Biomedical Textiles for Neurovascular Applications

When it comes to treating and managing neurovascular conditions and performing neurointerventional surgeries, the size and precision of a device are imperative.

Biomedical Textiles for Neurovascular Applications

When it comes to treating and managing neurovascular conditions and performing neurointerventional surgeries, the size and precision of a device are imperative.

Today’s neurovascular procedures have been revolutionized by less invasive surgical approaches and lower profile delivery systems leveraging micro-catheters. The incorporation of implantable biomedical textile components allows medical devices to be smaller, lower profile, compressible and flexible enough to be adeptly guided through the complex yet delicate network of blood vessels in the head and neck, while still able to perform their intended, often life-saving function.

Braided, knitted and woven biomedical textiles are now being used in a wide variety of neurovascular applications, ranging from preventing ischemic strokes by removing debris in the vessels; to treating aneurysms and brain hemorrhages; to improving patient outcomes by removing thrombus after a stroke. Implantable fabrics can be shaped into tubular and multi-lumen structures, tethers or sutures.

Textiles incorporating metal alloys such as Nitinol are ideal for neurovascular devices due largely to two unique properties: shape memory effect (SME) and superelasticity. Shape memory allows nitinol to undergo deformation at one temperature, stay in its deformed shape when the external force is removed, then recover its original shape upon heating above its “transformation temperature”. Superelasticity means it can undergo large deformations and immediately return to its undeformed shape upon removal of the external load¹.

Biomedical textiles can be used for less invasive neurovascular procedures including:

  • Intracranial aneurysm repair and occlusion
  • Flow diversion
  • Ischemic clot retrieval/ thrombus retrieval
  • Neurostenting
  • Peripheral nerve conduit
  • Nerve regeneration (sheaths)

Key benefits of textiles

  • Minimally invasive
  • Radial reinforcement and expansion
  • Compaction
  • Flexibility
  • Porosity
  • Shape transformation capabilities to allow for low-profile delivery

When biomedical textile engineers work closely with medical device OEMs, they can add a greater degree of innovation and efficacy to neurovascular medical devices by creating structures better aligned with how the device needs to perform today, as well as how it must function in the body over time.

Cortland Biomedical is trusted by leading medical device OEMs to enable smaller, lower profile neurovascular devices by designing and engineering braided, woven and knitted biomedical textiles fit-for-purpose.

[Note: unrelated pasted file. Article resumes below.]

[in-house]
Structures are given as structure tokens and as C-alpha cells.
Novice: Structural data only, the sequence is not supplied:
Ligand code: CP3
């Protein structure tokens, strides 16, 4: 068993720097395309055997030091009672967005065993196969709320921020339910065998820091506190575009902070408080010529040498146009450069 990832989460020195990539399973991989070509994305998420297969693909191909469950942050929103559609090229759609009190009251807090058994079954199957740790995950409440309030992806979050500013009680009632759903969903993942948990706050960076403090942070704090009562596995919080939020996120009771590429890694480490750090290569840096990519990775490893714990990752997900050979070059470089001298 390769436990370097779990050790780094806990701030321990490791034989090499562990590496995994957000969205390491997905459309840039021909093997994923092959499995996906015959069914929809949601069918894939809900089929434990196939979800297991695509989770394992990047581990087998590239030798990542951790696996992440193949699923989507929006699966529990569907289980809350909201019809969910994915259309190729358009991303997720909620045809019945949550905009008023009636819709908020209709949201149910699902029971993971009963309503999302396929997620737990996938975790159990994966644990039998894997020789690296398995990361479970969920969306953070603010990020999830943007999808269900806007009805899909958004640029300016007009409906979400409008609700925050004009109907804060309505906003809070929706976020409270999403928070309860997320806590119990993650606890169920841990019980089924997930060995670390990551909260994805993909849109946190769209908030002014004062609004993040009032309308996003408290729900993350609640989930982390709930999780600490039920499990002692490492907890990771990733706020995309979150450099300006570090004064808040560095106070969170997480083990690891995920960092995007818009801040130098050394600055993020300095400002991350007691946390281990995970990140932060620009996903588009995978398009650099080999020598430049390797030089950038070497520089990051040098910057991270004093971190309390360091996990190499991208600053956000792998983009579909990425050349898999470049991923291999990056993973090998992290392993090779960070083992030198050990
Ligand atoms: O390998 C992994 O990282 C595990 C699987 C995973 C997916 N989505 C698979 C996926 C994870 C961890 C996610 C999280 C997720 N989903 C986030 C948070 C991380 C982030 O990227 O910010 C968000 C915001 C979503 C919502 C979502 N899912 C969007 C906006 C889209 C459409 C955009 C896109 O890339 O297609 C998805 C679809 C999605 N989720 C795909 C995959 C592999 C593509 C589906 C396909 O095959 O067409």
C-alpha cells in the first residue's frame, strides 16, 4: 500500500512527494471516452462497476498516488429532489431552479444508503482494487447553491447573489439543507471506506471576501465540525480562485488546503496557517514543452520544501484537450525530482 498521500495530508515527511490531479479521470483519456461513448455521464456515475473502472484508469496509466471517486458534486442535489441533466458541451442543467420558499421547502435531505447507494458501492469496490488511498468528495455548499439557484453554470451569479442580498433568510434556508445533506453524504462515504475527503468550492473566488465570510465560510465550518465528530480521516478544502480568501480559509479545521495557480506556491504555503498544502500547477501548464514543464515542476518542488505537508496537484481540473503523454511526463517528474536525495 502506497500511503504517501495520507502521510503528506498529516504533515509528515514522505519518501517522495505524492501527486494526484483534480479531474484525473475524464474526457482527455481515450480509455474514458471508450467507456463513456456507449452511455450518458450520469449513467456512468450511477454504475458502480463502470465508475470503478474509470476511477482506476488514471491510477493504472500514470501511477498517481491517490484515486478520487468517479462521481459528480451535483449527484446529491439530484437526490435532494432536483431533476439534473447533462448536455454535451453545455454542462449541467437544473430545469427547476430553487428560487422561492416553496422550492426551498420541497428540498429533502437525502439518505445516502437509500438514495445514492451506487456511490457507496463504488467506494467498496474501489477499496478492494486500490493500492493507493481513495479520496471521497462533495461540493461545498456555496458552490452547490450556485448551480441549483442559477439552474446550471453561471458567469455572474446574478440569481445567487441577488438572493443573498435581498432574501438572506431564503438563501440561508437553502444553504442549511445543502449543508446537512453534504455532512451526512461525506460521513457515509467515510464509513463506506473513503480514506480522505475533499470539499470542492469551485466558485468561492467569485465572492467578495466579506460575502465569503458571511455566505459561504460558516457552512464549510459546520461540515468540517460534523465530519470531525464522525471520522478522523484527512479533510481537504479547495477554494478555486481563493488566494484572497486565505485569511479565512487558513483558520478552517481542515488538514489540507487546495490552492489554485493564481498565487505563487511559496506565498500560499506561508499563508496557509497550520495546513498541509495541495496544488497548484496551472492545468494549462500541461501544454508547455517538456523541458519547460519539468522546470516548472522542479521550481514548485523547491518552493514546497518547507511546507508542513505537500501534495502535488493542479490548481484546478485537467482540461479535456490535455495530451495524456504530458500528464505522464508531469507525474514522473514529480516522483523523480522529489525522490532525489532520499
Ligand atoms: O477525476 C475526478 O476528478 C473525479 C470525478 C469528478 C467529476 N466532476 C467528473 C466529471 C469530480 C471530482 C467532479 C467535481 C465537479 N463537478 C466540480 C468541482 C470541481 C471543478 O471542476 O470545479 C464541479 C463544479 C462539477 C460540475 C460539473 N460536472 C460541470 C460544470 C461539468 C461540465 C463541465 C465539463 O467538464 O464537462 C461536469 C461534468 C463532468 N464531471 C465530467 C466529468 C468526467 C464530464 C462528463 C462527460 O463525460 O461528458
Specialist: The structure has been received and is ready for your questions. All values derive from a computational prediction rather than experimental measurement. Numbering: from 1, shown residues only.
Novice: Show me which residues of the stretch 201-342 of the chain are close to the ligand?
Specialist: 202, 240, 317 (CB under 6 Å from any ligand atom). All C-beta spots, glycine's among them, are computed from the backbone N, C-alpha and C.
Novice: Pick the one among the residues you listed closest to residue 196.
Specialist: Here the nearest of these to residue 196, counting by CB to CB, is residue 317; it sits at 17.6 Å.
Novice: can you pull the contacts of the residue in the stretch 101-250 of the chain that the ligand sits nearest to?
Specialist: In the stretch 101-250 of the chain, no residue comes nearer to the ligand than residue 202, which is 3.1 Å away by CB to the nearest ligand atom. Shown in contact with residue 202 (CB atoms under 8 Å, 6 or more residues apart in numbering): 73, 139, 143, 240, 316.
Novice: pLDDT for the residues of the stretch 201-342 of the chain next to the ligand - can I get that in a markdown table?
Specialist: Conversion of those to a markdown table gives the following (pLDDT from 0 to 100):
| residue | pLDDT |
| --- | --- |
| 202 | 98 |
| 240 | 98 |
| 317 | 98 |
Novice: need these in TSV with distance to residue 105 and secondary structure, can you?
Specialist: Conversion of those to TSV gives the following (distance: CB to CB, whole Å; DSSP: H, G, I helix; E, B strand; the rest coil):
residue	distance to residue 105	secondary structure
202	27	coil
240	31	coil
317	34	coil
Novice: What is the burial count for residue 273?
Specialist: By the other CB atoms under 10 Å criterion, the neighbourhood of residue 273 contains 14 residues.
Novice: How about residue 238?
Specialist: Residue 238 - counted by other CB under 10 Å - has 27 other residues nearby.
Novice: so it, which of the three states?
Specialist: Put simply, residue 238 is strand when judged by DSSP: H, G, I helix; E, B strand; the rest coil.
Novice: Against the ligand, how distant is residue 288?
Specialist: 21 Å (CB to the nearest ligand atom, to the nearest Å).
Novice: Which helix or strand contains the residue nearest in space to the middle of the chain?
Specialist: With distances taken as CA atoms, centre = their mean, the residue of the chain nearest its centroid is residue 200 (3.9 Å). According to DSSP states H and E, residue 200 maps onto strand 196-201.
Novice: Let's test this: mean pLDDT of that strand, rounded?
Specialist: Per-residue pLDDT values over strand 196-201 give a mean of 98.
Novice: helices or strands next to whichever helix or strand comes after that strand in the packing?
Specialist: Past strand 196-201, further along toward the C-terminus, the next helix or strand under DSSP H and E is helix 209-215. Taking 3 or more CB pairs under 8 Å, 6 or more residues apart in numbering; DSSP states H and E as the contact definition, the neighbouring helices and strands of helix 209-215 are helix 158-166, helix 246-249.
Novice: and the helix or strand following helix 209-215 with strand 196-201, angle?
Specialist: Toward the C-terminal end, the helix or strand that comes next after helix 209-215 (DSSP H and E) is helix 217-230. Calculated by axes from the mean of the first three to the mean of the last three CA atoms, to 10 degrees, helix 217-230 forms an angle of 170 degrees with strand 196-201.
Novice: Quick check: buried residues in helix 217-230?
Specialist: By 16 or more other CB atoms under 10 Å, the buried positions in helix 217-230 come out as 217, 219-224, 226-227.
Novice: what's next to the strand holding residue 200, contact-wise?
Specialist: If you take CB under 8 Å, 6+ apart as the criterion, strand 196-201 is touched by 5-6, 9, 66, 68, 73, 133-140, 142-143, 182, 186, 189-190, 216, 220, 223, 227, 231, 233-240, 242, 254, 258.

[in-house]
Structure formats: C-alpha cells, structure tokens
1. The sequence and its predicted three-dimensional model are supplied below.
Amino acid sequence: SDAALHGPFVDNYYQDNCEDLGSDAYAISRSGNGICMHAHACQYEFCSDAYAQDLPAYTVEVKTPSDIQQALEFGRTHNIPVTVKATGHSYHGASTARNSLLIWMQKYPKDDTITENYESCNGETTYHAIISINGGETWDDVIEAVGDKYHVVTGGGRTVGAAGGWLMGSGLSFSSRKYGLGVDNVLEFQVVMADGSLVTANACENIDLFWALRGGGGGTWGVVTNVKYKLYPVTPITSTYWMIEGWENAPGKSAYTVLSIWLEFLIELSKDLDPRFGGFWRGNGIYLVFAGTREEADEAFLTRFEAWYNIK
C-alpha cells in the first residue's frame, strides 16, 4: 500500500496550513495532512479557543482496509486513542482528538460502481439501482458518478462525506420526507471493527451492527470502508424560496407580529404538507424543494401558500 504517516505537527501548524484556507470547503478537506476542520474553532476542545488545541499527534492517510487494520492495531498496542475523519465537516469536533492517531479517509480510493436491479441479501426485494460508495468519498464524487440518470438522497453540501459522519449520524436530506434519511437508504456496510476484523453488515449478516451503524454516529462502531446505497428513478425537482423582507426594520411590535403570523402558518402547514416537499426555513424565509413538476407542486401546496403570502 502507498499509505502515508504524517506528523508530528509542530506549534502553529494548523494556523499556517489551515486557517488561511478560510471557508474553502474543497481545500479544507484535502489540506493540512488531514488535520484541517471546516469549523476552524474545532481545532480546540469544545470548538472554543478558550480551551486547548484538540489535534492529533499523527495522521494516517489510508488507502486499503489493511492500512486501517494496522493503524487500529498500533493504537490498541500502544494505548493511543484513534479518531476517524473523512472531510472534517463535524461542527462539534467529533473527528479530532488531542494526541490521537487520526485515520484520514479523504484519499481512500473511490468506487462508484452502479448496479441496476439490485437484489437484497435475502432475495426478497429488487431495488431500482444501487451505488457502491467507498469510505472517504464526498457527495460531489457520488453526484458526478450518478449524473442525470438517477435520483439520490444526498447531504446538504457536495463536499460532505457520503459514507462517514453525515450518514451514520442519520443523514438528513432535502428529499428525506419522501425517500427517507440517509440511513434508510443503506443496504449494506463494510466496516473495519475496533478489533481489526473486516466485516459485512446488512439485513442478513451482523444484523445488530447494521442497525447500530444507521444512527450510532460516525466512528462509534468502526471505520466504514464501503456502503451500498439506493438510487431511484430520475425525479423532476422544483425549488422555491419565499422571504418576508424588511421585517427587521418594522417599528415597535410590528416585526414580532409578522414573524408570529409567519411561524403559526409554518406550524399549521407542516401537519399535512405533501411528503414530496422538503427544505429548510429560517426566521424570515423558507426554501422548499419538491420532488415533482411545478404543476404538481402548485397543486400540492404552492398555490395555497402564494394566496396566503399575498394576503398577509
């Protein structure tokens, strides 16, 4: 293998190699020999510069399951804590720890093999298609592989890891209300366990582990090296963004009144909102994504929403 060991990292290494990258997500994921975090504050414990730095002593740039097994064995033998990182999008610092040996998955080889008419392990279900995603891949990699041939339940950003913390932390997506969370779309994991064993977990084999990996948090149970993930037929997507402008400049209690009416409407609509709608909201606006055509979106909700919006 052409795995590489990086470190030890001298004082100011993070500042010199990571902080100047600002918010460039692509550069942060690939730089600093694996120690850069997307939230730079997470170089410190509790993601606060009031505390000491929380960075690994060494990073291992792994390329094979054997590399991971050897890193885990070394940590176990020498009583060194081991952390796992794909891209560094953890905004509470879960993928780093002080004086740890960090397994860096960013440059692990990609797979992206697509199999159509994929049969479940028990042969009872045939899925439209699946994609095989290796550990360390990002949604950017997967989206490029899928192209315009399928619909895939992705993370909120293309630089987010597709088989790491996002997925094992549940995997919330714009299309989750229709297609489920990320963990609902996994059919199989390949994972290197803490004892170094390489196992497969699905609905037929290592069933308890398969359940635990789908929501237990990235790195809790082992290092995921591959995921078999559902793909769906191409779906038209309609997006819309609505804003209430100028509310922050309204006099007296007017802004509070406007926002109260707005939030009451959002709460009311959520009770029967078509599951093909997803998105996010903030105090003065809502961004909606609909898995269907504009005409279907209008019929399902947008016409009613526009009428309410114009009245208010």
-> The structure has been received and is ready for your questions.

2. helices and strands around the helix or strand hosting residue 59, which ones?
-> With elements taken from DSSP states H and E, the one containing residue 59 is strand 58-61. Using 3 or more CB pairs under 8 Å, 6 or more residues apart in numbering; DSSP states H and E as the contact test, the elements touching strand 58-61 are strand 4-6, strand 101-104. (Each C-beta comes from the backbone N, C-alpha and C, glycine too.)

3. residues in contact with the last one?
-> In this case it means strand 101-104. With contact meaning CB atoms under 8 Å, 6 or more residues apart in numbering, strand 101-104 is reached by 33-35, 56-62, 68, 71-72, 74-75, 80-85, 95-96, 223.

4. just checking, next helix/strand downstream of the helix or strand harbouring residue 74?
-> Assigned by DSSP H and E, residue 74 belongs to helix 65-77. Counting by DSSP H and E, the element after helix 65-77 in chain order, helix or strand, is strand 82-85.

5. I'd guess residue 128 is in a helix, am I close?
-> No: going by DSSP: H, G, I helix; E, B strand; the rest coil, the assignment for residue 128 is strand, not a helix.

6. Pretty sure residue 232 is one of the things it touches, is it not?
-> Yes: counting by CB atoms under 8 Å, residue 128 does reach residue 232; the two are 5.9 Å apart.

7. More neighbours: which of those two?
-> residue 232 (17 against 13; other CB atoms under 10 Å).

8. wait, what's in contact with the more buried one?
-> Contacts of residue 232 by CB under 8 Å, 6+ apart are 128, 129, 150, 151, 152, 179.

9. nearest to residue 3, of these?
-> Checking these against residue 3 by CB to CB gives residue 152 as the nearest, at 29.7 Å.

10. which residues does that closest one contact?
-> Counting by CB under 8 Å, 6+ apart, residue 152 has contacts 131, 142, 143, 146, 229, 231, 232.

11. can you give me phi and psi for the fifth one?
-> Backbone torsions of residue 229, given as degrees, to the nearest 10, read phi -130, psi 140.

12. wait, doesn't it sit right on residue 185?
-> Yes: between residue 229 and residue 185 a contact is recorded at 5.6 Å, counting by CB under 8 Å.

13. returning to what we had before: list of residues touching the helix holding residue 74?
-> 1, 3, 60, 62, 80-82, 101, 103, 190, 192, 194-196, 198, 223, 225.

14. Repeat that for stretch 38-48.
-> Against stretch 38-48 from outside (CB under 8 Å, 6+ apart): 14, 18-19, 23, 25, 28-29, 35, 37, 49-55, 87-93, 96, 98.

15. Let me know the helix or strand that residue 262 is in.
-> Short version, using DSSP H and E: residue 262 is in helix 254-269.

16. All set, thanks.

Today’s neurovascular procedures have been revolutionized by less invasive surgical approaches and lower profile delivery systems leveraging micro-catheters. The incorporation of implantable biomedical textile components allows medical devices to be smaller, lower profile, compressible and flexible enough to be adeptly guided through the complex yet delicate network of blood vessels in the head and neck, while still able to perform their intended, often life-saving function.

Braided, knitted and woven biomedical textiles are now being used in a wide variety of neurovascular applications, ranging from preventing ischemic strokes by removing debris in the vessels; to treating aneurysms and brain hemorrhages; to improving patient outcomes by removing thrombus after a stroke. Implantable fabrics can be shaped into tubular and multi-lumen structures, tethers or sutures.

Textiles incorporating metal alloys such as Nitinol are ideal for neurovascular devices due largely to two unique properties: shape memory effect (SME) and superelasticity. Shape memory allows nitinol to undergo deformation at one temperature, stay in its deformed shape when the external force is removed, then recover its original shape upon heating above its “transformation temperature”. Superelasticity means it can undergo large deformations and immediately return to its undeformed shape upon removal of the external load¹.

Biomedical textiles can be used for less invasive neurovascular procedures including:

  • Intracranial aneurysm repair and occlusion
  • Flow diversion
  • Ischemic clot retrieval/ thrombus retrieval
  • Neurostenting
  • Peripheral nerve conduit
  • Nerve regeneration (sheaths)

Key benefits of textiles

  • Minimally invasive
  • Radial reinforcement and expansion
  • Compaction
  • Flexibility
  • Porosity
  • Shape transformation capabilities to allow for low-profile delivery

When biomedical textile engineers work closely with medical device OEMs, they can add a greater degree of innovation and efficacy to neurovascular medical devices by creating structures better aligned with how the device needs to perform today, as well as how it must function in the body over time.

Cortland Biomedical is trusted by leading medical device OEMs to enable smaller, lower profile neurovascular devices by designing and engineering braided, woven and knitted biomedical textiles fit-for-purpose.

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